There is, however, other evidence that suggests a very real possibility: Was the Tower 89 structure actually constructed but the interlocking plant never installed? As the Barriger photo shows, Tower 139 was next to the north end of the HB&T bridge over Buffalo Bayou. Four years before Tower 139 was authorized, the 1924 Sanborn Fire Insurance Map of Houston (below left) showed a structure in precisely the same location. Under magnification (below right), the structure is revealed as a two-story "OFF." (office) with a door on the east end. Why would a railroad build an "office" in a remote area far from any yards or other facilities, but conveniently near a bridge and a crossing diamond? And why would it be two stories when such a remote site would be unlikely to need space for more than a handful of employees? Rather than an "office", it is more likely that this building was, in fact, the original Tower 89 structure presumably serving (or having served in the past) some limited operational control purpose without its planned interlocking plant. And what about the "A." notation on the map; does this mean "Abandoned"? There is much that remains to be discovered about this structure.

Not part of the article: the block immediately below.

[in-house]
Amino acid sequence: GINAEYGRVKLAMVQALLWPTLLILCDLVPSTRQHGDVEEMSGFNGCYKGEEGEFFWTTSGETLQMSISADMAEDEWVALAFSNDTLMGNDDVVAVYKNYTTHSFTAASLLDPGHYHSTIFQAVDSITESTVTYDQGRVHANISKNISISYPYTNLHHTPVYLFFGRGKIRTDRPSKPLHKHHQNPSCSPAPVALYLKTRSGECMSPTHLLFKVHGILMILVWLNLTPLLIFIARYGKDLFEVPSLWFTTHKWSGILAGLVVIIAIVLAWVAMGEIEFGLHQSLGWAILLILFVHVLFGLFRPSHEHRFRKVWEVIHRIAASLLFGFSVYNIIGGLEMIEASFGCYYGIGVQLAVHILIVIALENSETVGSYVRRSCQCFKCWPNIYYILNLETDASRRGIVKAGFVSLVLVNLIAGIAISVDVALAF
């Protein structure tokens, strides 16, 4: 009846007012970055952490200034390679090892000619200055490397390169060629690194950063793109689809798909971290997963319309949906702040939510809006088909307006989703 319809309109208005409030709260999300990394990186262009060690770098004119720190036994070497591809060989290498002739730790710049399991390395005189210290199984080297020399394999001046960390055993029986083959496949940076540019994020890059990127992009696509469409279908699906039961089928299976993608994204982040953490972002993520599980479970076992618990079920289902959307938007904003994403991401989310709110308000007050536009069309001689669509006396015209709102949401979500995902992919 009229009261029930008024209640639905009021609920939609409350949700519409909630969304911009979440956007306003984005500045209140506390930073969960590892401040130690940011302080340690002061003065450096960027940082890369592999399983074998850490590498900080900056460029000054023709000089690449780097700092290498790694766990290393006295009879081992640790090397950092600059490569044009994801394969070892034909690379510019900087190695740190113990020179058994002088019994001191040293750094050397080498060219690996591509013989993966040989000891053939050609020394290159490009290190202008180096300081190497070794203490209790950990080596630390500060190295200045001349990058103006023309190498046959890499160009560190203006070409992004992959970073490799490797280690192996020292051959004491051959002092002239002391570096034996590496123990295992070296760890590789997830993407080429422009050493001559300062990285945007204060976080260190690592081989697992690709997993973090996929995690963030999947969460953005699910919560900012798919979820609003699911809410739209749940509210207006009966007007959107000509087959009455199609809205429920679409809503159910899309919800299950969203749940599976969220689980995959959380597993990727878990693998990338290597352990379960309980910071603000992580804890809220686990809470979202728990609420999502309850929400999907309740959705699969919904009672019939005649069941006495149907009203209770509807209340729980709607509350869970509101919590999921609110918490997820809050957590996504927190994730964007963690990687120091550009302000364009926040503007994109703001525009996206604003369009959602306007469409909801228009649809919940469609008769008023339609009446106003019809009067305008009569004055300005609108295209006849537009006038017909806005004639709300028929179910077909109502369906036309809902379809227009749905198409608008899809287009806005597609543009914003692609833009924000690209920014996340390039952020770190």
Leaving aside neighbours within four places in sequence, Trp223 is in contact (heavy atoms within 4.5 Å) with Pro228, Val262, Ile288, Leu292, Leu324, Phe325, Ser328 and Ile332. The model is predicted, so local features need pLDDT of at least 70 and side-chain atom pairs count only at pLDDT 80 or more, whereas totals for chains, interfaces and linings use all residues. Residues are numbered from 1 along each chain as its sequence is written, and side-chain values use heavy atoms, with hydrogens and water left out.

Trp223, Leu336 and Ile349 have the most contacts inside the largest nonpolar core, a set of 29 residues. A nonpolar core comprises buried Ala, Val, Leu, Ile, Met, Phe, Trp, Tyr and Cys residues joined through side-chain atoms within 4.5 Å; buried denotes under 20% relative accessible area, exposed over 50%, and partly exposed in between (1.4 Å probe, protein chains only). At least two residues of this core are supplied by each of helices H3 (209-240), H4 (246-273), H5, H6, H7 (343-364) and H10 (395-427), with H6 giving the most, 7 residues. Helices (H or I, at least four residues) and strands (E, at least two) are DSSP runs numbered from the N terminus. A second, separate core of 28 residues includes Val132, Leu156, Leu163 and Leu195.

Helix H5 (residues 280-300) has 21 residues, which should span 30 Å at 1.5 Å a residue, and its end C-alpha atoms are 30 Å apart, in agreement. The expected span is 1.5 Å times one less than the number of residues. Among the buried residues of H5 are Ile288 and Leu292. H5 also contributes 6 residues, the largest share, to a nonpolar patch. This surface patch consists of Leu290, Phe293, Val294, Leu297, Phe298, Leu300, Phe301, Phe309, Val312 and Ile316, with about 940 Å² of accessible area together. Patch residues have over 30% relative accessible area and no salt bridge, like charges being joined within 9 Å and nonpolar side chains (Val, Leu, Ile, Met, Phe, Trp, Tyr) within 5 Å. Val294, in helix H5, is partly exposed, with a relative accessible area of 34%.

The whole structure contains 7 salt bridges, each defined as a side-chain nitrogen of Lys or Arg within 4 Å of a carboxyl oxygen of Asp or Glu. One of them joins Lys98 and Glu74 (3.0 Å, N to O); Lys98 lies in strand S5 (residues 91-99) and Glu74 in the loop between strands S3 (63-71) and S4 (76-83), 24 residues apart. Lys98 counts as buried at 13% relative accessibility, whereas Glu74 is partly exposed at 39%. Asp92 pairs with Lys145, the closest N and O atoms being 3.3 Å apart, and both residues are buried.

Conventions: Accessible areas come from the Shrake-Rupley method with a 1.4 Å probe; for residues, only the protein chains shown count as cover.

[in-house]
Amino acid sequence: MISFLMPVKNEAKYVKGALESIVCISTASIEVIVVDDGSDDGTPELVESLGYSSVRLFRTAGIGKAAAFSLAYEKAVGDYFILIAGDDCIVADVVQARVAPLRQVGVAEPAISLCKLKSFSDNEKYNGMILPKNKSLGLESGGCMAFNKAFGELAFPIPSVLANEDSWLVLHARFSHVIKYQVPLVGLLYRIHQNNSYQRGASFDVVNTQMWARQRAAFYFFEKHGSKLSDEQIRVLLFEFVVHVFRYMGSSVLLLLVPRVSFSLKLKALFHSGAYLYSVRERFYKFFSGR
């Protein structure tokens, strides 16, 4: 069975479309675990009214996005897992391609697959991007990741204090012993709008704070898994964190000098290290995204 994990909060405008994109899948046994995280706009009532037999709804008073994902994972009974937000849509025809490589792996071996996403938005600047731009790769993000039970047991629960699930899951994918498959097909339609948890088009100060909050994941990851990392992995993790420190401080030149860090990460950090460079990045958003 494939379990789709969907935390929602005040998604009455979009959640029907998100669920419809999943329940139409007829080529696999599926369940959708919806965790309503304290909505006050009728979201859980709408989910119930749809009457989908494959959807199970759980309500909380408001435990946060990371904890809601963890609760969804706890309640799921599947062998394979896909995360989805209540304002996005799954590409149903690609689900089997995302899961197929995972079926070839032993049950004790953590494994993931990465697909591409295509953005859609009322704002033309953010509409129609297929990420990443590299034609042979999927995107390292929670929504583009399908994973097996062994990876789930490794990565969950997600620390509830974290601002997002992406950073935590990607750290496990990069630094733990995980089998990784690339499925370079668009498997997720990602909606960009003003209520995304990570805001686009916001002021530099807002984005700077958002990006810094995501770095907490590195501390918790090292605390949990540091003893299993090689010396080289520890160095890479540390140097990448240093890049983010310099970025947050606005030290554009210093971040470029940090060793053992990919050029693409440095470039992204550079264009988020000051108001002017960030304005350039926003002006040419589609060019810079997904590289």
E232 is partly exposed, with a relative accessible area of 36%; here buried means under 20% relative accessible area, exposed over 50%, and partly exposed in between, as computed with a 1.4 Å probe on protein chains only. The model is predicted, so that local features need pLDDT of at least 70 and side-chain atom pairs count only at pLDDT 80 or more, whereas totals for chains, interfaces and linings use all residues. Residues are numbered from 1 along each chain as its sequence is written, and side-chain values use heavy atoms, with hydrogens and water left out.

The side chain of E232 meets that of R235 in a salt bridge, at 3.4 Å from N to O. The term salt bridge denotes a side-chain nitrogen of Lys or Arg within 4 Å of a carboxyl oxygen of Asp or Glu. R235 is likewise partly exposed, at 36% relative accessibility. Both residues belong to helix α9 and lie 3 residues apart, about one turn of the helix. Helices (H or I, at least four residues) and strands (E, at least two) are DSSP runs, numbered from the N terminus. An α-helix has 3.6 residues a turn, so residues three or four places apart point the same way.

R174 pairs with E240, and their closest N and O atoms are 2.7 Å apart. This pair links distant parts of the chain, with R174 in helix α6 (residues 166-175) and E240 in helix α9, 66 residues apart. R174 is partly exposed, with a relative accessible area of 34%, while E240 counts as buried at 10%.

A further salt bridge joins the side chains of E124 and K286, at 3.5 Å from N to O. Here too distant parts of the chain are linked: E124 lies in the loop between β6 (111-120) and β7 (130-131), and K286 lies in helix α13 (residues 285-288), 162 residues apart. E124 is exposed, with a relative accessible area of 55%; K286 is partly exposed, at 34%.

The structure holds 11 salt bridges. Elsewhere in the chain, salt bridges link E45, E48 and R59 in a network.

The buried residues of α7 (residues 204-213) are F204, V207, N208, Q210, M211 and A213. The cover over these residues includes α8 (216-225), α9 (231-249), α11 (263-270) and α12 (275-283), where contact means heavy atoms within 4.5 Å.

The 1907 Sanborn map shows east/west I-GN and T&NO tracks crossing the HB&T at this location. and this is at least partially consistent with the original description of Tower 89, which omitted reference to I-GN. However, we know from later track diagrams that Tower 139 eventually controlled the I-GN/GH&SA crossing to the east. Surely there was some kind of "operating procedure" for GH&SA trains to cross both the HB&T and I-GN tracks in this area? It does seem odd that Signal Engineer Meek would not have known about the history of the structure at this location, especially since Tower 139 had been in operation for seven months and would have been planned well before that, but there are plausible explanations that might apply. First, it seems likely that the personnel at this "office" might have been HB&T employees, not SP, so Meek may have had no direct exposure to its operation. Furthermore, the original Tower 89 interlocker documentation might have been held by HB&T or Santa Fe, and thus does not appear in Meek's files (but Meek's "...still unable..." comment implies that this is not the first time this subject has been discussed with RCT, which also apparently lacked documentation.) It's also true that Meek's letter was written at least five years after the 1924 Sanborn map was published, and we do not know for certain that the structure survived past 1924, or whether it had already been abandoned by 1924. The extent to which the 1924 structure survived and how (or whether) it morphed into Tower 139 remains unknown.